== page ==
Thursday, December 01, 2016

Today's Headlines

  • China's Central Bank Is Facing a Major New Headache. People’s Bank of China Governor Zhou Xiaochuan already has one policy headache with the currency falling to near an eight-year low. He could have an even bigger one next month. That’s when a $50,000 cap on how much foreign currency individuals are allowed to convert each year resets, potentially aggravating capital outflow pressures that are already on the rise. If just 1 percent of China’s almost 1.4 billion people max out those limits, that’s an outflow of about $700 billion -- more than the estimated $620 billion that Bloomberg Intelligence estimates indicate has already flowed out in the first 10 months of this year.
  • China's Spending Spree Is Making the World Nervous. (video)
  • Rogoff: China Risks Crisis Without Currency Flexibility. (video)
  • Hollande Takes Himself Out of France’s 2017 Presidential Race. French President Francois Hollande said he won’t run for re-election, stunning the nation and opening the way for his more popular prime minister to enter the 2017 presidential race. Hollande made the announcement in a televised address on Thursday evening, saying that his lack of support opened the country to the risk of extremist movements. He becomes the first president since the Fifth Republic began in 1958 not to seek re-election.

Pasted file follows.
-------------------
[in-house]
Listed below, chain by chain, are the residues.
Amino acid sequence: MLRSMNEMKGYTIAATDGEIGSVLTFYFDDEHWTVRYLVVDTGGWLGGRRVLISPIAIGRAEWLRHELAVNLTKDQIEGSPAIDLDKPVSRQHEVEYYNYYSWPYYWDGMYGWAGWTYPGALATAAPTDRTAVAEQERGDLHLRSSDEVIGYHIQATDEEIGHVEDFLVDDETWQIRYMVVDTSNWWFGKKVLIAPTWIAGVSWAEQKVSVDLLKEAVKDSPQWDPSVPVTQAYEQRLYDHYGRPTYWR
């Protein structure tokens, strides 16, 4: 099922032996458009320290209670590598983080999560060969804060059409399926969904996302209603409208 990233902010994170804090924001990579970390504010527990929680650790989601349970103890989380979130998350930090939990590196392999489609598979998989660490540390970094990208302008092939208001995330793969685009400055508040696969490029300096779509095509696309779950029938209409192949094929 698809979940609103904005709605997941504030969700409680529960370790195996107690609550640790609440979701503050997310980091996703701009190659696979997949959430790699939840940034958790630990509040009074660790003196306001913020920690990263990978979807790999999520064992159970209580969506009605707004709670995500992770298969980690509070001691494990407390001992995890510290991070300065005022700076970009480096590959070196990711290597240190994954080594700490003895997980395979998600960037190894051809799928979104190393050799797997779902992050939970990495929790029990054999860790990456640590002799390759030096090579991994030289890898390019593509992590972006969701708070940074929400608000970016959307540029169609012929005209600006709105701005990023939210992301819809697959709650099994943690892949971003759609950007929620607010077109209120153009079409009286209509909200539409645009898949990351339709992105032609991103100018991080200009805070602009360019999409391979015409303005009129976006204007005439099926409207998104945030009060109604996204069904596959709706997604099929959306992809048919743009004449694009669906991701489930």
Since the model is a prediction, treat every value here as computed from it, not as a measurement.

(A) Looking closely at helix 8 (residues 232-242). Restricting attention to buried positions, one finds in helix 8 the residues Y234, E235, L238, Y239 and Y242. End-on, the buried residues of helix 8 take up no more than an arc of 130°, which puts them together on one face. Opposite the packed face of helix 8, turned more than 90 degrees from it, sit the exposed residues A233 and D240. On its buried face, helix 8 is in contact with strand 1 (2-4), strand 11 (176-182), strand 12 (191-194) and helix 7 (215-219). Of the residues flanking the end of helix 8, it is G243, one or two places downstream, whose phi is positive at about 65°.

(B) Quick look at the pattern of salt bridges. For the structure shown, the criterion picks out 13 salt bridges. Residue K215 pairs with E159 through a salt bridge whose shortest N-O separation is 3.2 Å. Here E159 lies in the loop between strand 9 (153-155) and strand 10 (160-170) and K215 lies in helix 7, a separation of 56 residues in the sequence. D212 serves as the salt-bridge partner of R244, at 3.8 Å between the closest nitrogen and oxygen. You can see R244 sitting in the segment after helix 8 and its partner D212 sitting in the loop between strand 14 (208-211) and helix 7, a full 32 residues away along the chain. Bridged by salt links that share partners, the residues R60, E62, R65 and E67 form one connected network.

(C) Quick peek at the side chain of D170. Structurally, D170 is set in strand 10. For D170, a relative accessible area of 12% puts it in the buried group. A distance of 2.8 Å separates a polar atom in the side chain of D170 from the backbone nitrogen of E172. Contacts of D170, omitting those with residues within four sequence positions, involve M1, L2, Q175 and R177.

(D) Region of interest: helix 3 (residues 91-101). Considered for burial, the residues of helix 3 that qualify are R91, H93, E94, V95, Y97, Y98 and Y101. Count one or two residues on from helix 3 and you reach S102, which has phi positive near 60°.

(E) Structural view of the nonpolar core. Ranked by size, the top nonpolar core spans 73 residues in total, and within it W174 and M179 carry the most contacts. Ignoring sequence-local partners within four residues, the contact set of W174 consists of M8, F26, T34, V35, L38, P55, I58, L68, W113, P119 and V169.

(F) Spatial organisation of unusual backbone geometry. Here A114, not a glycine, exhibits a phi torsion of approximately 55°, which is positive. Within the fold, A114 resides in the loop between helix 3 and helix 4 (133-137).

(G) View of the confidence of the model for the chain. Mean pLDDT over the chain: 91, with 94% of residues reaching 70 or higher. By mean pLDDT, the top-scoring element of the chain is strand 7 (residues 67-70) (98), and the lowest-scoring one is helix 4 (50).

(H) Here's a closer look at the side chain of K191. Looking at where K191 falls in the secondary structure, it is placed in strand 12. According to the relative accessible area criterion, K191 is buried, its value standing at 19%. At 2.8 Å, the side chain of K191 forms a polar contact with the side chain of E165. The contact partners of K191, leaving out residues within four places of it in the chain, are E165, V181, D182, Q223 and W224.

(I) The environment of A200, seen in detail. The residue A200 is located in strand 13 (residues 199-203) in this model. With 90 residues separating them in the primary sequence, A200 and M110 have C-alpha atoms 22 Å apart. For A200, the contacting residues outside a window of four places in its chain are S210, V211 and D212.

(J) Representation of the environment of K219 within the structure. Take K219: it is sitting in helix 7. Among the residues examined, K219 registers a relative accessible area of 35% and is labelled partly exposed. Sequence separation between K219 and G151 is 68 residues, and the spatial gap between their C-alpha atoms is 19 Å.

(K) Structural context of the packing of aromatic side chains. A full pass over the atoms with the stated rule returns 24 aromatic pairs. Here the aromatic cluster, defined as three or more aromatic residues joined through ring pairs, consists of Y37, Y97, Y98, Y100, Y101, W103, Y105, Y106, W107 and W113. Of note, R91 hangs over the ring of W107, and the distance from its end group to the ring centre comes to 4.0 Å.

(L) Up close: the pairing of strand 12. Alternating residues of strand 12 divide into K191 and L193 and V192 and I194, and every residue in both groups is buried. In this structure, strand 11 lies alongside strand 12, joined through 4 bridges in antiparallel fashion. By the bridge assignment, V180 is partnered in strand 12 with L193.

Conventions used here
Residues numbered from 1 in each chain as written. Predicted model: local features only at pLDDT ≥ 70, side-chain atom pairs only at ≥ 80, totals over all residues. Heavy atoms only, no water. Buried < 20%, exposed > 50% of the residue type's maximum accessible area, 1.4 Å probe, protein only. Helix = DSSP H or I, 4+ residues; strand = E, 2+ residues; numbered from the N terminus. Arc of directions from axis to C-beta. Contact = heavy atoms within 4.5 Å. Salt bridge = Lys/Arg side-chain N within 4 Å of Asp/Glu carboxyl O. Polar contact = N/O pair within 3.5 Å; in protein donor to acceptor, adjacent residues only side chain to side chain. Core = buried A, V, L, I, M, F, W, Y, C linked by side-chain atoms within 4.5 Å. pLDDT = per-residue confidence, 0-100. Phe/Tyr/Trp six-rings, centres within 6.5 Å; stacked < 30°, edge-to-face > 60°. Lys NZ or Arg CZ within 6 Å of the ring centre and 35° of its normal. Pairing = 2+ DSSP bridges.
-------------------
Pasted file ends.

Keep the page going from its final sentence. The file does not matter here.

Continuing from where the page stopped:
• Treasuries Drop Before Jobs Data as Oil Gains; Tech Shares Sink. (video) Financial markets started the month with continued confidence in economic growth, with Treasuries extending losses, the dollar sitting near a decade high and cyclical shares accelerating gains against safety stocks. Declines in Treasuries extended the biggest increase in 10-year yields since 2009 before a payrolls report on Friday. Energy shares rallied globally for a second day as oil topped $50 a barrel. Rising rates boosted financial shares while hurting dividend stocks. Technology shares fell as the only group that’s left out of the rotation to economic-sensitive stocks. The Nasdaq Composite Index sank 1.1 percent, poised for the biggest two-day slide since September. The S&P 500 500 lost 0.2 percent, hovering near an all-time high.
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